Above is an image showing the "typical" environment (constructed by me in Lightwave 3d) that trilobites once inhabited, sharing their waters with predatory cephalopods (the squid-like creature), crinoids (the flower-like creature to the right/foreground - relative of the starfish), and rugose corals (the anemone-like creature to the left/background). The particular trilobite species shown here is a Flexicalymene meeki.
Trilobites were an extinct group of Paleozoic arthropods, somewhat like a crustacean (i.e. crabs, lobsters, sowbugs, etc.), but more similar to modern-day horseshoe crabs. They are found in rocks ranging from the Cambrian to the Permian, with them being most common in the Cambrian and Ordovician, fairly common in the Silurian and Devonian, less common in the Mississippian, and rare in the Pennsylvanian and Permian periods. Their bodies are divided into three lobes lengthwise, hence the name tri-lob-ite. The central "spine-like" lobe is termed the axial lobe and the two side lobes the pleural lobes. The parts of the trilobite are termed the cephalon (head), a segmented thorax (middle), and pygidium (tail). In addition, the "nose" is termed the glabella, the "cheeks" are termed the librigenae if they are shed while molting and fixigenae if they remain affixed to the cephalon. The segments of the thorax are termed pleurae. Entire trilobites are relatively uncommon, due to the fact that exoskeletons when molted tend to break apart. Most often, an entire specimen found records the death of that individual (although there are species of trilobites where we have a significant number of preserved molted exoskeletons).
Click a thumbnail to get a large picture
Ceraurus milleranus. I collected this trilobite from the Ordovician Liberty Formation at Caesar's Creek, OH. The Liberty Formation is one of many formations collectively termed the "Cincinattian formations" owing to their proximity to Cincinatti, OH. Clicking the thumbnail on the right will yield a digital reconstruction of it. This particular trilobite is apparently quite rare in the area, so this represents a good find. The most common trilobite to the area is Flexicalymene meeki, but I did not find a single one of these relatively common fossils at CC. Note the forked pygidium, one spine of which is present in the original fossil.
Flexicalymene meeki. Flexicalymene meeki is probably the most common trilobite in the Cincinattian formations. Note how the two smaller ones are enrolled, in a posture believed to be used as a defense against predators, much like the modern, yet unrelated, pillbug or sowbug (Southerners call them "rolly pollys"). The smaller specimens were collected by Mike Perona at Caesar's Creek, and while I am not the actual collector, the days that I spent trying to collect these make me consider them to be my "just desserts" for all the time and effort spent trying to find them. The larger specimen measures about 1 1/4 inches long and has a rather interesting story behind it. On the way back from our trip to Ohio, my wife needed to nurse the baby, so we stopped at a nice roadcut about 12 miles from the KY border. I got out and collected for a few minutes while the baby ate her fill. While clambering up the side of the roadcut, I noticed to my left the back half of a nice Flexi, but without a front half to be seen anywhere, which was extremely disappointing, as Flexis were what I had hoped to find during our trip to OH. Well, as I clambered another 5 or 10 feet up, I noticed to my right the front half of a nice Flexi, which I judged to be from a different specimen. Back in the car, I wrapped the two halves up in a paper towel, and headed onward back to Tallahassee, FL (our fair city). At the next convenience store stop, I took them out and examined them more closely. Upon examination, I noticed too many similarities on the two halves to be coincidence and realized that I had both halves of the same specimen. Apparently, when it weathered out and went tumbling down the side of the roadcut, it had broken in half, with the two halves scattering in wildly different directions...or perhaps further weathering pushed them apart down separate avenues. In any case, the break was clean enough that they could be glued back into the one nice specimen that you see displayed here.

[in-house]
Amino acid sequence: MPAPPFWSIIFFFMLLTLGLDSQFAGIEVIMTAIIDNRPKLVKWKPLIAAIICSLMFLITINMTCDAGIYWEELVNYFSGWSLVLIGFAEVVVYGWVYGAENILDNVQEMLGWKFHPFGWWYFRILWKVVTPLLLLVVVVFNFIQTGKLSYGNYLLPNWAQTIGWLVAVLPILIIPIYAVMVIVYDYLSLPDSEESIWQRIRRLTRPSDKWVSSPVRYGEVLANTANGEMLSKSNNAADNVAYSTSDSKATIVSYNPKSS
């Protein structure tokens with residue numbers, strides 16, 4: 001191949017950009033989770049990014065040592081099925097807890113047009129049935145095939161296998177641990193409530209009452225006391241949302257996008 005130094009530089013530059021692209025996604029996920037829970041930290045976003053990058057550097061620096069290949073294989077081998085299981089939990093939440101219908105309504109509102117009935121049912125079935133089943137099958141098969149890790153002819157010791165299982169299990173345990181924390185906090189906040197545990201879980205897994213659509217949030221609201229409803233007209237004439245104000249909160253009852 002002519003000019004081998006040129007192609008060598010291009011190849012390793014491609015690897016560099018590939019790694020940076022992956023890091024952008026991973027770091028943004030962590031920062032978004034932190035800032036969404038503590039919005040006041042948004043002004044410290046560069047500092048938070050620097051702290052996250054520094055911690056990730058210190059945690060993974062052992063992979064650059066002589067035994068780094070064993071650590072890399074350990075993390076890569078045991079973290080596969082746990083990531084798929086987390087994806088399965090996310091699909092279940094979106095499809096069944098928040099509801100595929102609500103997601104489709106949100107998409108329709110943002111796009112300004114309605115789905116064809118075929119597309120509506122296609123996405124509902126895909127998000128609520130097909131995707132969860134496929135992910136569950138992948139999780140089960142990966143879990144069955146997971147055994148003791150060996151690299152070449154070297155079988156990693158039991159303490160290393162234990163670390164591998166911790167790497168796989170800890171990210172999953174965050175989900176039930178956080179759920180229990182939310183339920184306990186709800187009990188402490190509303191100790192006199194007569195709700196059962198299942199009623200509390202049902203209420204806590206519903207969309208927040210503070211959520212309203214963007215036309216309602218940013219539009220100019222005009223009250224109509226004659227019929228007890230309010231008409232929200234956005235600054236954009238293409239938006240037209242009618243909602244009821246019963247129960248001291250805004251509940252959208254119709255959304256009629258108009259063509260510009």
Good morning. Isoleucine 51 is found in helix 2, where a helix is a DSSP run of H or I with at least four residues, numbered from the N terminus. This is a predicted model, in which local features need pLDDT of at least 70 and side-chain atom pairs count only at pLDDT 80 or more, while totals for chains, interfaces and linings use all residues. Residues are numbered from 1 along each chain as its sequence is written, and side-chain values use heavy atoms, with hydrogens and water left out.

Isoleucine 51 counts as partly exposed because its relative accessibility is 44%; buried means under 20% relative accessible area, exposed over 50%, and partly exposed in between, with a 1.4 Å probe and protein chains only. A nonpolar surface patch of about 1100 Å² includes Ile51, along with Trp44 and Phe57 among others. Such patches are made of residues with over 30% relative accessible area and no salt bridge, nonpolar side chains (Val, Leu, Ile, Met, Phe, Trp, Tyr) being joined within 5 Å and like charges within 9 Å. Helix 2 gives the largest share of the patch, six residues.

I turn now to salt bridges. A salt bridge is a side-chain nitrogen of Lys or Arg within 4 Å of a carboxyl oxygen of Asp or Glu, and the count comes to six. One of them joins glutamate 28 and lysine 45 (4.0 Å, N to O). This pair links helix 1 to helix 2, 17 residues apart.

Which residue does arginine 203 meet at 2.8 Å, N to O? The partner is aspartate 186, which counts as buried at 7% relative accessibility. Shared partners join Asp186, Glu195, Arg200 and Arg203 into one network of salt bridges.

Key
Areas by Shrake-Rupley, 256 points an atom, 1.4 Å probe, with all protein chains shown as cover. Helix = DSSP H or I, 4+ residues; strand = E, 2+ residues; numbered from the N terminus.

Elrathia antiquata. I collected this trilobite in March '96 from the Middle Cambrian Conosauga formation west of Rome, GA. This particular specimen measures about 8 mm from head to tail (or more correctly, from cephalon to pygidium). Note that this specimen is missing the free cheeks, giving the head a "sheep's head" shape. Evidently, this was a shed exoskeleton rather than the actual individual (although by now, the actual creature is dead, too). I penciled in (digitally--don't worry guys, I didn't destroy the fossil) the approximate position of the missing free cheeks. In addition to this one, I collected a larger specimen (about 1.5 cm long) of a heretofore unnamed species of Solenopleurella (this will appear on this page once I photograph and scan it), as well as five or six small assorted individuals under 2 mm long.
|Another E. antiquata. Note how long and slender this specimen is compared to the "squatness" of the specimen above, leading me to believe that this was a different species than E. antiquata. Upon inspection by a professional (again, Dr. David Schwimmer), it was identified as an E. antiquata. This specimen was shown on a former version of this page as a Solenopleurella. Well, since then, I've found what appears to be the "real" Soleno...it will appear soon on this web page after more positive identification.|
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